retrofit-acm-part-2

Retrofit ACM Part 2

IT Heroes in a Not So New World

Retrofit ACM, Part 2 – IT Heroes in a Not So New World

  • 09 September 2020

If you think about it, the work from home trend really started about 20 years ago. It lived, and lurked, in the shadows, reserved for IT departments. Remote work was a four-letter word, the words of heretics, an affront to the status quo, a taboo topic in the boardroom, and forbidden discussion around extended leadership. Most companies operated through command and control, military type models. ‘Do-as-I-say’ and ‘do-as-you're-told’ was the key to job longevity.

If workers weren’t visible, then they were invisible, not valued, and no longer needed. That type of leadership sowed fear among the civilian workforce. Workers never really knew where they stood except for the fact that if they performed well, they would keep their jobs. We now live in a world where doing a good job is not enough.

Information Technology – A History

From personal and professional experience, IT was a cost center, an expensive group of people (children) playing with very expensive toys, with leadership not really understanding their value. Did we mention, a cost center? Although IT leaders were part of management, many never really had a seat at the management/leadership table.

Actually, that's not completely true. Some did have a seat at the management table, but they were sitting in highchairs, not the big people’s chairs; playing with toys, dropping cereal on the floor while the rest of management looking down and admiring how “cute” they were.

Their voices were heard just as clearly as a family of 6 sitting at the dinner table with 4 children under the age of 9. The parents discussing what to do next through the noise and distraction from the young family members, doing what children do best, laugh, play, and use their imaginations to navigate early life. Parents get very good at tuning out those joyful sounds, only to find out much later, that they miss the chaos as time marches on (topic for a different blog). IT was that young voice, and leadership wasn’t listening.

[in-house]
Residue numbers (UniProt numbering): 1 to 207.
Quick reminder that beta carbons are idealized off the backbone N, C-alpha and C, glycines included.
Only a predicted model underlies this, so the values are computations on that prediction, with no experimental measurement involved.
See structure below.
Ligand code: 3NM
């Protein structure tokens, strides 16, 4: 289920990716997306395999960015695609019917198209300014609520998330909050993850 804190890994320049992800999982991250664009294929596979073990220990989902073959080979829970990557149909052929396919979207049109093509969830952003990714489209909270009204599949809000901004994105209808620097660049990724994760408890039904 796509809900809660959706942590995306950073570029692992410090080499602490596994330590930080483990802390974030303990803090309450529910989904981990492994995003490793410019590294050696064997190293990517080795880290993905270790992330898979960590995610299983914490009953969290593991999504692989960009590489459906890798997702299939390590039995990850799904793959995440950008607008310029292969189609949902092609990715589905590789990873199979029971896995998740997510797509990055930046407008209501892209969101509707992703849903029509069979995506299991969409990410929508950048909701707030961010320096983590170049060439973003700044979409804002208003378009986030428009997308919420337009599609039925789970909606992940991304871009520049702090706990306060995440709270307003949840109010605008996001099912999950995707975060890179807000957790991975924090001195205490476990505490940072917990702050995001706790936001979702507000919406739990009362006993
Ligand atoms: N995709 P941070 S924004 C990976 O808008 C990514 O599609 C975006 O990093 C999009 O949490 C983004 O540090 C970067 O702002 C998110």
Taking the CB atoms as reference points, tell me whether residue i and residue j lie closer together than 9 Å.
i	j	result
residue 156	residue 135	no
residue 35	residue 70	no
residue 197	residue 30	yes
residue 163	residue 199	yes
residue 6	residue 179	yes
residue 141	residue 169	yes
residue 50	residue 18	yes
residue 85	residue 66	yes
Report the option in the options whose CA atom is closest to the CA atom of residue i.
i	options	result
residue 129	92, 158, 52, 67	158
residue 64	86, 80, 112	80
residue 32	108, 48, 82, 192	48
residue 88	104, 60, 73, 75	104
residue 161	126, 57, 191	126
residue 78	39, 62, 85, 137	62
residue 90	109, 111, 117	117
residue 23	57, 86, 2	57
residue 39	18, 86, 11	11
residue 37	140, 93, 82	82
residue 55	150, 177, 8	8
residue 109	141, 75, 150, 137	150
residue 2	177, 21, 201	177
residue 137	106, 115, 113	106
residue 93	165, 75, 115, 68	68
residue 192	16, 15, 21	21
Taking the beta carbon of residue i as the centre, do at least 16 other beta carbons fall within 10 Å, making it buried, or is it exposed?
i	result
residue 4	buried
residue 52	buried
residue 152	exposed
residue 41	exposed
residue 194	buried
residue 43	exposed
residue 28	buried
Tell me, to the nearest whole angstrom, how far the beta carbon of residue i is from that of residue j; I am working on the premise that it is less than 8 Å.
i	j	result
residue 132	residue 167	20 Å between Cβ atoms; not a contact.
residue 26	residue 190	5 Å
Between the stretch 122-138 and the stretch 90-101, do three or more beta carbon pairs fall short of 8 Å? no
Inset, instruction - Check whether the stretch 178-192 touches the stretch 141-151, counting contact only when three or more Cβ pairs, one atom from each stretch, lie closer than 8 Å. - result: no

And then it happened without warning, out of necessity - IT was launched out of the highchair directly to the boardroom due to 9/11. In an instant at 8:46 AM EST, the world changed. The thin veil of safety had been lifted, lives were lost, dreams were crushed, the life stories of so many could now no longer be written. Companies the world over felt the overwhelming pressure of their new found vulnerability, for some – it didn’t last.

There were many lessons to be learned on that day and the months following. Unfortunately, many of which were simply lost, forgotten in the dark moment in time. It was only seven short years later when the financial crisis and the Great Recession rocked the world.

So what does this have to do with Retrofit ACM? The answer is everything. A new innovative approach to Change Management.

Many companies didn’t pay attention, they simply relied on the command and control structure to survive. “We’ve always done it that way.” History tells us that many of those companies didn’t make it. The carnage was widespread and many big names fell.

Uncharted Waters – Yet Somehow Familiar